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Test different paints, they aren't always the same even within same brand and type. I find my bottle of Gemstone Purple from Reaper to be somewhat grainy, but the Bright Blue to be very smooth. In my Citadel paints, the Fortress Gray is somewhat gloppy, but the Red Gore is smooth, etc.

 

Another thing I do which is even more imprecise but has become a kind of favorite is to thin on the brush. I take a tiny bit of paint on the tip of the brush, and I dip it very briefly in my water. The glop dissipates into the brush and the water, then I roll the extra water out of the brush and test it. If I'm using just one color, I can become fairly consistent with each paint dipping and that way I don't have a glob of paint out. I do this more for slight touches in shading or accenting than main features however.

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Thinning just with water can yeild good or bad results. If you live in an area that has hard water you might get splotchy results so you might want to see if thats the problem.

I never use tap water but only distilled water you can buy at just about any grocery or drug store. And adding a flow improver is a godsend. I use a mix of 25% Flow Improver 25% SloDri and 50% distilled water.

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does synthetic vs natural brush fiber make a difference?...

The pros say it does . . . if I could paint like a pro maybe I would notice the difference ::(:

I noticed a pretty big difference, and after switching to S7s (and practicing for a year or so) I can paint almost as well as you. :poke:

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One of the best tips I ever got on these forums was to switch to a larger brush too. I had been using a 5/0 down to a 20/0, but pretty much everyone told me to find a nice 0 or 1 to use, that would hold both paint and retain a fine tip. I still have the super tiny brushes for the rare occasion of needing a brush with less width, but I pretty much do all my painting with my 0 sable now. I got a bunch of different 0s, 00s, and 1s to try and have one that's working great with the rest as stand-bys.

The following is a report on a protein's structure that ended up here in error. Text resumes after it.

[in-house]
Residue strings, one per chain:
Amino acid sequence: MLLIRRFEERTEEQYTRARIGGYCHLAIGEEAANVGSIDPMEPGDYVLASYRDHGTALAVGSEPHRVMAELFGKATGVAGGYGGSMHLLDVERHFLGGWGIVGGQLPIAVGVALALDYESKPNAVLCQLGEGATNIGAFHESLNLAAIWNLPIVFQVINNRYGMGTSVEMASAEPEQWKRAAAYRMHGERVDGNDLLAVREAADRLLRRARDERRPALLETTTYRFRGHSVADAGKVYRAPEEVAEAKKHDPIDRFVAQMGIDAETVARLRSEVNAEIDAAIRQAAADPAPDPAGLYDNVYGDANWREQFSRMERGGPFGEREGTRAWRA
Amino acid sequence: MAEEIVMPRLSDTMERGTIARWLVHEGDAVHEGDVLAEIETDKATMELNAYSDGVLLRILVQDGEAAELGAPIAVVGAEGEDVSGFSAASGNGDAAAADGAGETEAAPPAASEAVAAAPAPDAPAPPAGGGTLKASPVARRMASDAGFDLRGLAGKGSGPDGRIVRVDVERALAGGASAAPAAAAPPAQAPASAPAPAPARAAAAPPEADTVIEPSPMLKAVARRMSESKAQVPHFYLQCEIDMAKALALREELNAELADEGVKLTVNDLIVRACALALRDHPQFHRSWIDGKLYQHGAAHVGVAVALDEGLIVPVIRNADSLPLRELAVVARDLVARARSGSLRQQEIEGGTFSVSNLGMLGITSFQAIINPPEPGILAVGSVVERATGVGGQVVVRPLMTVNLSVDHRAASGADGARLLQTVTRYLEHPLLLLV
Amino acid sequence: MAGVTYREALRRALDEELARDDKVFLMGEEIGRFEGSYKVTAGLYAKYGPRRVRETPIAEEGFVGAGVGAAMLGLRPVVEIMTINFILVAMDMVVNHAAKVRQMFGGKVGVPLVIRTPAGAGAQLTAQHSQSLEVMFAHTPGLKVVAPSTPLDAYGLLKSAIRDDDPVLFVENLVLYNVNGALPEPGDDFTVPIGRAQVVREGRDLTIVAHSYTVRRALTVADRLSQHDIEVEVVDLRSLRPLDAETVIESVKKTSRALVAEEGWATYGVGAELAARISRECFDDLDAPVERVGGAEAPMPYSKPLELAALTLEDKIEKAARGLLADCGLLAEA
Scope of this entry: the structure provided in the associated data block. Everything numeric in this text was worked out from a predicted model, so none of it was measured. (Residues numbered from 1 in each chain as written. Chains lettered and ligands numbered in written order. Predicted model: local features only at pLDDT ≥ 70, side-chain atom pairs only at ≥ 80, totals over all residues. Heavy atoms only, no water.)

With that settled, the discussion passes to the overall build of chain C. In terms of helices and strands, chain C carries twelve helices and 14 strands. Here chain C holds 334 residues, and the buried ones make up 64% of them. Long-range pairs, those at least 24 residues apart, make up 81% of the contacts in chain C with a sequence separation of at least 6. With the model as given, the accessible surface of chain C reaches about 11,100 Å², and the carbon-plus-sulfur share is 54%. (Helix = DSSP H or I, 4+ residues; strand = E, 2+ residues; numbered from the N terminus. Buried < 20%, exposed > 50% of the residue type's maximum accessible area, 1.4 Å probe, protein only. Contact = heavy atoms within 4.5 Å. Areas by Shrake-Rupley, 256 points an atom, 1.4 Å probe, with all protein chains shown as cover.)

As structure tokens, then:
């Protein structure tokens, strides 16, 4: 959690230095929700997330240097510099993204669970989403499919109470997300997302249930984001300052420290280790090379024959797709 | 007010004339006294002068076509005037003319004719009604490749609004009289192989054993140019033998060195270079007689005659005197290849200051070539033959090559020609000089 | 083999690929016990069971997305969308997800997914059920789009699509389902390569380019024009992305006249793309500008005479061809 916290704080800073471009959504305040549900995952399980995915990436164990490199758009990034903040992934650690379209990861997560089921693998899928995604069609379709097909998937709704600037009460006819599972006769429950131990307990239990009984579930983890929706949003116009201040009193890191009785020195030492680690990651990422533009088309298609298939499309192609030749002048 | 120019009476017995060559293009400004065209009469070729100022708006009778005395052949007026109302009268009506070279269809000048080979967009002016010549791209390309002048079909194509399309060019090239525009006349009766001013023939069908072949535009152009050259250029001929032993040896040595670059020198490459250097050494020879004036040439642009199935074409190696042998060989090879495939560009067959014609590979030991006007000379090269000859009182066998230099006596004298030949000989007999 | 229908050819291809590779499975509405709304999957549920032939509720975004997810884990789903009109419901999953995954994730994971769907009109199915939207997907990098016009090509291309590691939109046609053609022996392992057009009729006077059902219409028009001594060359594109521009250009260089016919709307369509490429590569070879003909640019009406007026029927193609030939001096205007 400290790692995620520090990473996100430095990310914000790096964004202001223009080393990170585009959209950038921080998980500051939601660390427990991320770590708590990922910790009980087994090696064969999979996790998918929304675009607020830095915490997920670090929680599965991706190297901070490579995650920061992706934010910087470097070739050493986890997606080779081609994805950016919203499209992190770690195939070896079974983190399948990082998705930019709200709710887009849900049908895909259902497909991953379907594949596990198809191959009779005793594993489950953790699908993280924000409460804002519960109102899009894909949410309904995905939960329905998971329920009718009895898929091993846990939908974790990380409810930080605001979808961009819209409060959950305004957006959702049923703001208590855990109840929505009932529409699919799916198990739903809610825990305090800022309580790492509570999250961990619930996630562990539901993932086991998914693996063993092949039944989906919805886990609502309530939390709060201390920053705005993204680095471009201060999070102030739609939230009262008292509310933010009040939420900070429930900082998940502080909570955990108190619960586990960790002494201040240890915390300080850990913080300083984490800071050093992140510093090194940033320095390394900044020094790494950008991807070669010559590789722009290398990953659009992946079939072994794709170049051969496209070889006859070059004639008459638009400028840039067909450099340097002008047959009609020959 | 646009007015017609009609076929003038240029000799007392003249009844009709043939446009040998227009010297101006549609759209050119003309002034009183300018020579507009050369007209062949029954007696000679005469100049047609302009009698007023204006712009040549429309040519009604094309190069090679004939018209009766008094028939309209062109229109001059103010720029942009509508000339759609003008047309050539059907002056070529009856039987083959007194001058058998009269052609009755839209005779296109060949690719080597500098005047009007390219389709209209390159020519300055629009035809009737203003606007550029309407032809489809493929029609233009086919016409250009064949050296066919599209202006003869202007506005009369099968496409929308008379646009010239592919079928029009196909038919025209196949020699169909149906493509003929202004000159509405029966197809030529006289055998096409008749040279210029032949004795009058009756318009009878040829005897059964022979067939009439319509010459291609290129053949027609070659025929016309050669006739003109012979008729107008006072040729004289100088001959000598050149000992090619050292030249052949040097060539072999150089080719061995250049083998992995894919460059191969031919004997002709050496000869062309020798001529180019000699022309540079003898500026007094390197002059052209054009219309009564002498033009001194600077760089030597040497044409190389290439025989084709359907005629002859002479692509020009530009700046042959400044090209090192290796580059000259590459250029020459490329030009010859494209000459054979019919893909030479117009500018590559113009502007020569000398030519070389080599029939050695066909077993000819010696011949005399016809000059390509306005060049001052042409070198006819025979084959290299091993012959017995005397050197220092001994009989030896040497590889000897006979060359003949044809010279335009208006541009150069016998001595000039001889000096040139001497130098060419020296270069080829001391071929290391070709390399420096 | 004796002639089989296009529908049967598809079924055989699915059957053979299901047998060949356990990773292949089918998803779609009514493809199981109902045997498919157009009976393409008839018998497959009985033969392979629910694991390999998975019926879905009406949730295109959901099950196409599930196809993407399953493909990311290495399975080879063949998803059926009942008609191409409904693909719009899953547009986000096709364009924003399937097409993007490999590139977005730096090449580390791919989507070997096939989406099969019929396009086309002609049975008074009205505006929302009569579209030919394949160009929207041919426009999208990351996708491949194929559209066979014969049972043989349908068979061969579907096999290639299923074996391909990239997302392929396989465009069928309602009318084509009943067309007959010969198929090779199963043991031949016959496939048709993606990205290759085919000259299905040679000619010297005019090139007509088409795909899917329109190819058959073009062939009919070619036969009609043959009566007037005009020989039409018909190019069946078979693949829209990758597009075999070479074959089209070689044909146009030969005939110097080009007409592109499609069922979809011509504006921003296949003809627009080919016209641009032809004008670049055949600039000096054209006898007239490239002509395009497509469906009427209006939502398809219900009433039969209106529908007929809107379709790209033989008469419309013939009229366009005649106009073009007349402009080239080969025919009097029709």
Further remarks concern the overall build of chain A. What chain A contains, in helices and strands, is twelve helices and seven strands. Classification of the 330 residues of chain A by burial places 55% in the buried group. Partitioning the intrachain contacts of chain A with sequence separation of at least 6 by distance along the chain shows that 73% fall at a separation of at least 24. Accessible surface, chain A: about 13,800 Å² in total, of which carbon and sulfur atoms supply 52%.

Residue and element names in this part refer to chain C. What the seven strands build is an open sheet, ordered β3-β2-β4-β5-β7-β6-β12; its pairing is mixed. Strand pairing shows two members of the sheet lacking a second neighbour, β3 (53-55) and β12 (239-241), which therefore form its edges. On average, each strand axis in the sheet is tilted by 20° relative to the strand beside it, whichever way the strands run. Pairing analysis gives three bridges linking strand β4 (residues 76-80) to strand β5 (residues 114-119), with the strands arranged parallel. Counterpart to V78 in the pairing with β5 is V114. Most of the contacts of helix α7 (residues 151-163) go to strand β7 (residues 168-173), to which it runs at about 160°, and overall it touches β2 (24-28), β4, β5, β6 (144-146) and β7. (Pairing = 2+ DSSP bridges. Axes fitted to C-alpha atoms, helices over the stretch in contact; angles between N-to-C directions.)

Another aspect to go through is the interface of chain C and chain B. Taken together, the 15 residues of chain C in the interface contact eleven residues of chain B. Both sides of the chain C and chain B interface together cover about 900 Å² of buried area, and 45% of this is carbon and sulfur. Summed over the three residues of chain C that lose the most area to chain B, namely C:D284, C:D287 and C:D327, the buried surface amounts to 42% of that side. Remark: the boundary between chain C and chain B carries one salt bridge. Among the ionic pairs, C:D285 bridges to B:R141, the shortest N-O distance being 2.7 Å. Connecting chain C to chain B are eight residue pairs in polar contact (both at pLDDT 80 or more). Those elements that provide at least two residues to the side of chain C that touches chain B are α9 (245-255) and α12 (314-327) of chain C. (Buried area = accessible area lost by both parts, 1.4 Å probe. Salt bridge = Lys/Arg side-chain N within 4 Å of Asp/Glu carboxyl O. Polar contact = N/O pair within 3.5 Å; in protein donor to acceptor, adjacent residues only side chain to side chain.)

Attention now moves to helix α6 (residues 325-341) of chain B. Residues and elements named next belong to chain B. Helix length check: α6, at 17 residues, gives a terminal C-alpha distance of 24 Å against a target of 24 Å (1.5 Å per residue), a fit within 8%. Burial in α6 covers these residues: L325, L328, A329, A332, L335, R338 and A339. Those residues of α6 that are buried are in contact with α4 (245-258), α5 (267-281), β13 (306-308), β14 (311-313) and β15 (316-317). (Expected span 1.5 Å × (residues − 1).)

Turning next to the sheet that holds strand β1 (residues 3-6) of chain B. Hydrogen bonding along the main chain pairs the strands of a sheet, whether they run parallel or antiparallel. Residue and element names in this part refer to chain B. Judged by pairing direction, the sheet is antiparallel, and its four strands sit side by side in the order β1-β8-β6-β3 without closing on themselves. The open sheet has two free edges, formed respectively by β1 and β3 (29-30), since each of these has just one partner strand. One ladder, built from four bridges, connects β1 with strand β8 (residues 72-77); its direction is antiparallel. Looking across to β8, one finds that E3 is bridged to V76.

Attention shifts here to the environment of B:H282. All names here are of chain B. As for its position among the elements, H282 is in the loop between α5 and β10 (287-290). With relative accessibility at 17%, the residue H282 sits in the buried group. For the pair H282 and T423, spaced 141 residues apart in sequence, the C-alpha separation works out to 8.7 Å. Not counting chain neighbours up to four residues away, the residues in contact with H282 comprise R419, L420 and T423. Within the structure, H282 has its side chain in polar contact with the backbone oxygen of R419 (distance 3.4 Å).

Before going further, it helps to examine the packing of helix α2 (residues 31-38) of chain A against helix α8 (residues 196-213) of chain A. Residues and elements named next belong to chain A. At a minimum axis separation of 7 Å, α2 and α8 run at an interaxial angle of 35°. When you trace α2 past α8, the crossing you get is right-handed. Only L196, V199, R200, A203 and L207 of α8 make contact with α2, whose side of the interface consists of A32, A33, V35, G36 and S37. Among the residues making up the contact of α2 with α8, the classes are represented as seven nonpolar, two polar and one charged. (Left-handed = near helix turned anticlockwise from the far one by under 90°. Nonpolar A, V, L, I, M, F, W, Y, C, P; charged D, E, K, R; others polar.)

The brush can do the fine stuff, can hold the water and apply paint without streaks, its awesome.

Other excellent tip was brush cleaning. Brush soap works wonders.

 

Not directly paint thinning tips, but hey, the brush is pretty darn essentially to using the thinned paints!

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I'll +1 the natural brushes are better camp.

 

Once you practice proper brush care, a good sable brush will hold a point far better and far longer than a synthetic. And detail painting is often times all about the point. (Try doing eyes with a flayed tip... it'll be Simple Green time before you get the first eye done.)

 

I do most of my painting with 1 and 0 size brushes. I do have a 3/o Kolinsky brush which I use on two or three details per model, but generally I'm all about the 0 and 1.

 

As to thinning P3's, the trick is maintaining 'body' because of the insane amounts of water used in the thinning proocess. I recommend Liquitex matte medium. on average, I run 10 water : 3 matte : 1 paint with the P3's. Undrstand, they use a liquid pigment and LOTS of it. 1. Be sure to shake the paints well in the pot, as some colors, articularly the blues/greys can separate after a while. 2. Be sure to test various colors and mixes; I posted my guideline, and sometimes I end up using more matte and/or water to thin the P3's.

 

They are a good paint line, and I still use them for several purposes, but they're no longer my go-to paints.

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i had what im going to consider a breakthrough today.. as i stopped trying to use the grey that likes to seperate, using a ratio of 1:1:2 paint/medium/water i was able to achieve the thinned texture that ive seen, the technique which i have heard about.. and some really nice colors.. it took upwards of 5 coats to get a good red on the mini, but as ive heard that is something to expect with dark on a light primed surface.